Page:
Skier Dave Ryding matched Britain's best ever alpine World Cup result when he finished second in the Kitzbuhel slalom in Austria.
He was leading after the first run but was beaten by home favourite Marcel Hirscher to record the first podium of his career.
It was the best result for just over 35 years, since Konrad Bartelski came second in a downhill in Italy in 1981.
The 30-year-old had finished sixth and seventh already this season.
He told BBC Sport: "The first run was just insane. I knew I had skied it clean, but couldn't believe it when I crossed the finish line.
"In between runs I tried not to get the heart rate up or get stressed. I was trying to tell myself I wasn't the last one to go but it was tough. It was a mental battle with myself but I won the mental battle.
"Hirscher skied so well, so coming second almost felt like a victory. It's crazy. I'm just really proud of what I've achieved."
The Lancastrian races without UK Sport funding after it was withdrawn from the alpine programme in 2010 but does receive other sponsorship.
Ryding, who learnt to ski on a dry slope at Pendle Ski Club, has been a member of the British ski team since 2006 and competed in the 2010 and 2014 Winter Olympics, finishing 17th.
He had a 0.29 seconds lead over Italy's Stefano Gross going into the second run with Hirscher 1.02 seconds behind. But the Austrian, who won the race in 2013 and has won the overall slalom title three times, had a storming second run to move from seventh to first, with Ryding ending up 0.76 seconds adrift.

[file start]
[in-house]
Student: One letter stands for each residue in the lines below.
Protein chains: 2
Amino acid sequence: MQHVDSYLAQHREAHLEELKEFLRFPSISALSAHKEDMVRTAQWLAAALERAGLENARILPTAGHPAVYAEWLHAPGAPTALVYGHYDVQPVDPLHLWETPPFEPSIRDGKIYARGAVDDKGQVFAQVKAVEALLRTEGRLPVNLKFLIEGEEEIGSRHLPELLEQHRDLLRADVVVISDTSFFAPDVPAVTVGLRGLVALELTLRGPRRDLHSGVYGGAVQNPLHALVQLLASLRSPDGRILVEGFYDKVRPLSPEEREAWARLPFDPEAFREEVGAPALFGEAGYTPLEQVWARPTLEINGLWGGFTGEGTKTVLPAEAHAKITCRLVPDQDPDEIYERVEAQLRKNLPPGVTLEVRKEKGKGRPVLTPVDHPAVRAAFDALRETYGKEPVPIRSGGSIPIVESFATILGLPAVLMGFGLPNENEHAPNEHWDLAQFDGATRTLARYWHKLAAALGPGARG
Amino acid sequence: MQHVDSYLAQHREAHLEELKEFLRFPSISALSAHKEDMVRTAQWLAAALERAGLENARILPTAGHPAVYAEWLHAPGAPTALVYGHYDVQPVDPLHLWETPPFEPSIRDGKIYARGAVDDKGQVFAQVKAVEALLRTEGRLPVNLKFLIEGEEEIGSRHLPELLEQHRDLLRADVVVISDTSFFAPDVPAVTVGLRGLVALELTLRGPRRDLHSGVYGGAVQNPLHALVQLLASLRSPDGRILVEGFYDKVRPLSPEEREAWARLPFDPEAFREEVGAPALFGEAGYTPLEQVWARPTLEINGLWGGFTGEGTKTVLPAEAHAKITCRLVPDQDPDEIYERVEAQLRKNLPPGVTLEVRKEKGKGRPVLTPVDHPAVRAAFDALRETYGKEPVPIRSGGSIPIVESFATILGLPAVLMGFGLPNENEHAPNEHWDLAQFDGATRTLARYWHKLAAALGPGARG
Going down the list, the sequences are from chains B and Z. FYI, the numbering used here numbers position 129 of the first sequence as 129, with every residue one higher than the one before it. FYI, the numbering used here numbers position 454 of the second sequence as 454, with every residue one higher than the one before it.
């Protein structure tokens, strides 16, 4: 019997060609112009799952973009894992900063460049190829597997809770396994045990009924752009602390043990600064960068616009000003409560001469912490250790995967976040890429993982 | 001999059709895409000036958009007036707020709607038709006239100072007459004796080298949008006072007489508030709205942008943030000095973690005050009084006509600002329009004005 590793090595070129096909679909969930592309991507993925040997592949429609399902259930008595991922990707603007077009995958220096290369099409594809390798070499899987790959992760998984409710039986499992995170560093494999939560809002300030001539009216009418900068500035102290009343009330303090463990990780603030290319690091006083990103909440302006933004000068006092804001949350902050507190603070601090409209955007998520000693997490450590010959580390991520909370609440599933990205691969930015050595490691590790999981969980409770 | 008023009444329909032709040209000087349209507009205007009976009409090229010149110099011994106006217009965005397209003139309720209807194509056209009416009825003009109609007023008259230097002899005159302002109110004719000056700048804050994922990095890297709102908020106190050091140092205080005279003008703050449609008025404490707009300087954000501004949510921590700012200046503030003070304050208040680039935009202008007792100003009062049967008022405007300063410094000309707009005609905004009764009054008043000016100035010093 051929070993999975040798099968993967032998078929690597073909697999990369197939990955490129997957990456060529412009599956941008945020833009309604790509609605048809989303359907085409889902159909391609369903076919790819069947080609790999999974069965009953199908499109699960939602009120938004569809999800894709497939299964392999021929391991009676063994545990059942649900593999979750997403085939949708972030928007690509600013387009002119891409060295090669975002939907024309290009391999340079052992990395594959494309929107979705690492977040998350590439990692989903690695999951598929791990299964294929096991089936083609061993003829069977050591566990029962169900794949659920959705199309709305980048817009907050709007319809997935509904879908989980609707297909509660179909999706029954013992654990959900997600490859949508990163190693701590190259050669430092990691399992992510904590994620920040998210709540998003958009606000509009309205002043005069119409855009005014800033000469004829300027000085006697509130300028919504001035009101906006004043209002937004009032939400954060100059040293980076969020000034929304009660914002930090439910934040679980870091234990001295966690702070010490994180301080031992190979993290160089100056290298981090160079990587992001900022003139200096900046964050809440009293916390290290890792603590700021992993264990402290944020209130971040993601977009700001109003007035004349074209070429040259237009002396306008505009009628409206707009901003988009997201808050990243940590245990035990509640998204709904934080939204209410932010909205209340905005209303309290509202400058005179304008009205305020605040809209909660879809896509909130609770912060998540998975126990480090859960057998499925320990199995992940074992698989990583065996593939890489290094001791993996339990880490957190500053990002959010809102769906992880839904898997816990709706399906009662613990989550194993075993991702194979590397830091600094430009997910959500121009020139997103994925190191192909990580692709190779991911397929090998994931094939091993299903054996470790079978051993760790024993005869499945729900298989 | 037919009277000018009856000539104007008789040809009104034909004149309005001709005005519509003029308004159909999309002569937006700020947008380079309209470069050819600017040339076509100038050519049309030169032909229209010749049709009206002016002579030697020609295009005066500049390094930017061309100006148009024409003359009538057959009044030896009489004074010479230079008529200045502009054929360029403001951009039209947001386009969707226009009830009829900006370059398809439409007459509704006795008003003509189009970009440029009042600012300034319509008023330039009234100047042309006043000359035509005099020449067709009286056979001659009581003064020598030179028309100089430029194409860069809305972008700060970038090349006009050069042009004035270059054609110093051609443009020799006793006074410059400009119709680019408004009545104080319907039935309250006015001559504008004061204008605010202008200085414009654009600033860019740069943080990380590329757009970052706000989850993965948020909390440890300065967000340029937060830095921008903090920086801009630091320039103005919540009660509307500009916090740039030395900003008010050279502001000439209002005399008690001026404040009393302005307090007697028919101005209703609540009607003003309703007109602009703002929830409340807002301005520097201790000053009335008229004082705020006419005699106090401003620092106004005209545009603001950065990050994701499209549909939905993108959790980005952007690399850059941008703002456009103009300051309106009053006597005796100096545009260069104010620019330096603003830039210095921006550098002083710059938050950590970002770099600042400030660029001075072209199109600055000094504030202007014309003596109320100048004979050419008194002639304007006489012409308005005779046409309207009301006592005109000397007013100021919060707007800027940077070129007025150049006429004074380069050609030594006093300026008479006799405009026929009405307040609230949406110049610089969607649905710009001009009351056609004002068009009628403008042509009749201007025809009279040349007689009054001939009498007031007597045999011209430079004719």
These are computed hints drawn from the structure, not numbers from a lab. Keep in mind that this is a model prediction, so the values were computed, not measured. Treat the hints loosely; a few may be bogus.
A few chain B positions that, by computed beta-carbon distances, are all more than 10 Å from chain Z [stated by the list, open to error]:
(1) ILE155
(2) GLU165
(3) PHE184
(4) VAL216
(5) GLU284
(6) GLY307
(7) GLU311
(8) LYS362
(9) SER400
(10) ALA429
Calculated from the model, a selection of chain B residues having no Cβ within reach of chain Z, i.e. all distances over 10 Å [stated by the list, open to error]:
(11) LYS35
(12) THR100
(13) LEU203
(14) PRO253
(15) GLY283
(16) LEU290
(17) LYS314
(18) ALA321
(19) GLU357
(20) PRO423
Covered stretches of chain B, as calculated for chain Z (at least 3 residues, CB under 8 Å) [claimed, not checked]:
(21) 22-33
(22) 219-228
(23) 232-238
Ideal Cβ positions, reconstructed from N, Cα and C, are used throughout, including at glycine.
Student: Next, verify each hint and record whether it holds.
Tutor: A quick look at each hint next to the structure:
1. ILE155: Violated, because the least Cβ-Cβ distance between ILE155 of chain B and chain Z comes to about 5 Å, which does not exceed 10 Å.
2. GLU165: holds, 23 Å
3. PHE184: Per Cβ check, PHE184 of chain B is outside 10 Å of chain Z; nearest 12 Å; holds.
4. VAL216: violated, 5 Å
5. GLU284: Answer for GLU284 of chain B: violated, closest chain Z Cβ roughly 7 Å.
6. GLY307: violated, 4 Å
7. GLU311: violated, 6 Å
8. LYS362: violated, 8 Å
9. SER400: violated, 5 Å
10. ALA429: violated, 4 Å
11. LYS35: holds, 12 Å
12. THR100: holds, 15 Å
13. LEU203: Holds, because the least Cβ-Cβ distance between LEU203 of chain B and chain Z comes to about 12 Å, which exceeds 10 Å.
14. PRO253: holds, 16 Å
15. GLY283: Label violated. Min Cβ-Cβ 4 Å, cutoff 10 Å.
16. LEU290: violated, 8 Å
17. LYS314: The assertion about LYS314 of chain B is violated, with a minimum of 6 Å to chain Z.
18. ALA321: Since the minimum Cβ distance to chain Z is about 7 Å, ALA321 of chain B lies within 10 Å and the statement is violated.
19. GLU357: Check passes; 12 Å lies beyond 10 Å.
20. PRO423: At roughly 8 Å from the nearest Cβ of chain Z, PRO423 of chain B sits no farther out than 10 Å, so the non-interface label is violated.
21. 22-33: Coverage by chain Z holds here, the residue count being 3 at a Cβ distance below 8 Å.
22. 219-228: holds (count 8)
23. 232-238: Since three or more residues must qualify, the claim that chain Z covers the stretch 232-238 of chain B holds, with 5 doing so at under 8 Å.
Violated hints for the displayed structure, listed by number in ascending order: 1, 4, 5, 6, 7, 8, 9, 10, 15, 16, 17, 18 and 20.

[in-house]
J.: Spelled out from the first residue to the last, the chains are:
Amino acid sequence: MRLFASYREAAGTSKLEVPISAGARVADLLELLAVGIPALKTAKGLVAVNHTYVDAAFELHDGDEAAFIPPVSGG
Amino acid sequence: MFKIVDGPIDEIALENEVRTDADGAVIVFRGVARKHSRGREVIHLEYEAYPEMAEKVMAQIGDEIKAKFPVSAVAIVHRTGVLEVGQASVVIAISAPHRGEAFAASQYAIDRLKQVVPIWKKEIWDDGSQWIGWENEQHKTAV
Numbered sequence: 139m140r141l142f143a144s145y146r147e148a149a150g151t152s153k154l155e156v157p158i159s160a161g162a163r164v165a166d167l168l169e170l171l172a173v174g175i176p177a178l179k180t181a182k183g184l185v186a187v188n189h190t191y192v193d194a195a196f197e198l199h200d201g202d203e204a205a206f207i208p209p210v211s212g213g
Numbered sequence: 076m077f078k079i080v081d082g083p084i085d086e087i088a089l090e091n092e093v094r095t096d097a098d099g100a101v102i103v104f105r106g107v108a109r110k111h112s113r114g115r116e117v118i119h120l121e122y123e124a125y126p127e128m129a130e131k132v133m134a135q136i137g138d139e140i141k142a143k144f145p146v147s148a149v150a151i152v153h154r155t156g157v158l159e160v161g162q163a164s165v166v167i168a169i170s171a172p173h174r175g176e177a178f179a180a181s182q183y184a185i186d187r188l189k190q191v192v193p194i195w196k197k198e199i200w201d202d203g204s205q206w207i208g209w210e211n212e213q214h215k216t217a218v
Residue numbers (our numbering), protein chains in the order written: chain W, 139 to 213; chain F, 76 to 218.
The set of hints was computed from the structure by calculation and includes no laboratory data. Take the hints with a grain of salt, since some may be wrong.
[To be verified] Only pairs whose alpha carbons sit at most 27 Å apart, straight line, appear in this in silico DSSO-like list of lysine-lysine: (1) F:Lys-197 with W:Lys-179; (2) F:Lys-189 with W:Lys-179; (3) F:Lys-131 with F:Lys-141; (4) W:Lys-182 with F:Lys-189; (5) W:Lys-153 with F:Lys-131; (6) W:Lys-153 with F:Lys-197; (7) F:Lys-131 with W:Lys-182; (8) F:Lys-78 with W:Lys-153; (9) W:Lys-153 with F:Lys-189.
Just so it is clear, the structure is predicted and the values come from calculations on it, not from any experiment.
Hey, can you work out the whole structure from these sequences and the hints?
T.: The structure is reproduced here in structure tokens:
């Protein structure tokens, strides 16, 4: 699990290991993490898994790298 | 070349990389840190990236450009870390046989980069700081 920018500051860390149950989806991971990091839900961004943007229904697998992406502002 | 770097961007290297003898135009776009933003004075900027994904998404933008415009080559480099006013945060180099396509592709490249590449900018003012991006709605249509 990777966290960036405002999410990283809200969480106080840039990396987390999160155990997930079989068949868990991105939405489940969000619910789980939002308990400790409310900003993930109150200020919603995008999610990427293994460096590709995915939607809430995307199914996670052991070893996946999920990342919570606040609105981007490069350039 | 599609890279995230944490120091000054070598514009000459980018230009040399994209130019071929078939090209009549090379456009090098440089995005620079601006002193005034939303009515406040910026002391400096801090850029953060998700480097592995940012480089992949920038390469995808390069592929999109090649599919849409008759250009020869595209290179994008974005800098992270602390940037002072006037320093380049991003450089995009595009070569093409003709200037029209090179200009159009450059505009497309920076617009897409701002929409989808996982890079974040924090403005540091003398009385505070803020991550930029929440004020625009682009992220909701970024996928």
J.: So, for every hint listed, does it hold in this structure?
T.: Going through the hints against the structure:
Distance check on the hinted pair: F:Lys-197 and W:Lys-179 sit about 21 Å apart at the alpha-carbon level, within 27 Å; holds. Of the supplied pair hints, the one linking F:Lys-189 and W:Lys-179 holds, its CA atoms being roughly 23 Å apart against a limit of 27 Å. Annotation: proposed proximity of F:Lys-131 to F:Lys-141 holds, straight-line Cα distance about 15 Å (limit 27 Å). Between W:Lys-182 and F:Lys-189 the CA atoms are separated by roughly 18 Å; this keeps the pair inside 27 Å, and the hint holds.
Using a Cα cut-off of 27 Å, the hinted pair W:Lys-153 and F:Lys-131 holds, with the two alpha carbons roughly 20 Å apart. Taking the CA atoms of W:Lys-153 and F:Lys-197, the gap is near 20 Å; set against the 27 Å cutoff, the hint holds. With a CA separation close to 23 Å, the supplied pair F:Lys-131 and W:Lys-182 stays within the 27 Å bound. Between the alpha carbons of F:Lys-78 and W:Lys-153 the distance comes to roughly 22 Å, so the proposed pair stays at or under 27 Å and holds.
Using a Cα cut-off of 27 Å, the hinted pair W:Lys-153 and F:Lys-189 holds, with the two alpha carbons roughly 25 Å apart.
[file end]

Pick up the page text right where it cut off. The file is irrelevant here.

More than 60,000 spectators were watching and Ryding said the noise was deafening.
"Kitzbuhel is like the FA Cup final in England. The downhill race is the number one but the slalom is also massive. The fans are incredible."
The alpine ski World Cup was formed in 1967 and, in 50 years of racing, Ryding and Bartelski are the only British men to finish on the podium while Gina Hathorn (1967) and Divina Galica (1968) scored top three finishes on the women's circuit.
When Bartelski did it in Val Gardena, Italy, it led a French commentator to say: "This is not possible, he is English!"
In the pre-World Cup era, Britain's Gordon Cleaver won the combined race on the Kitzbuhel's Hahnenkamm course in 1931.
While the alpine team are no longer funded by UK Sport, the Great British freestyle ski and snowboard team are.
Following Jenny Jones' historic slopestyle bronze in Sochi, they will receive £4.9m for the four-year cycle leading to the 2018 Winter Olympics in Pyeongchang, South Korea.
They have had numerous World Cup successes with Katie Ormerod becoming the first snowboarder to win a World Cup big air, while cousin Jamie Nicholls has won in slopestyle, Lesley McKenna and Rowan Cheshire in halfpipe and Zoe Gillings-Brier in snowboardcross.
Skier James Woods has won three World Cup slopestyle events.
Meanwhile in cross-country skiing, Briton Andrew Musgrave recorded his best World Cup result, when he came sixth in a 15km race in Sweden on Saturday.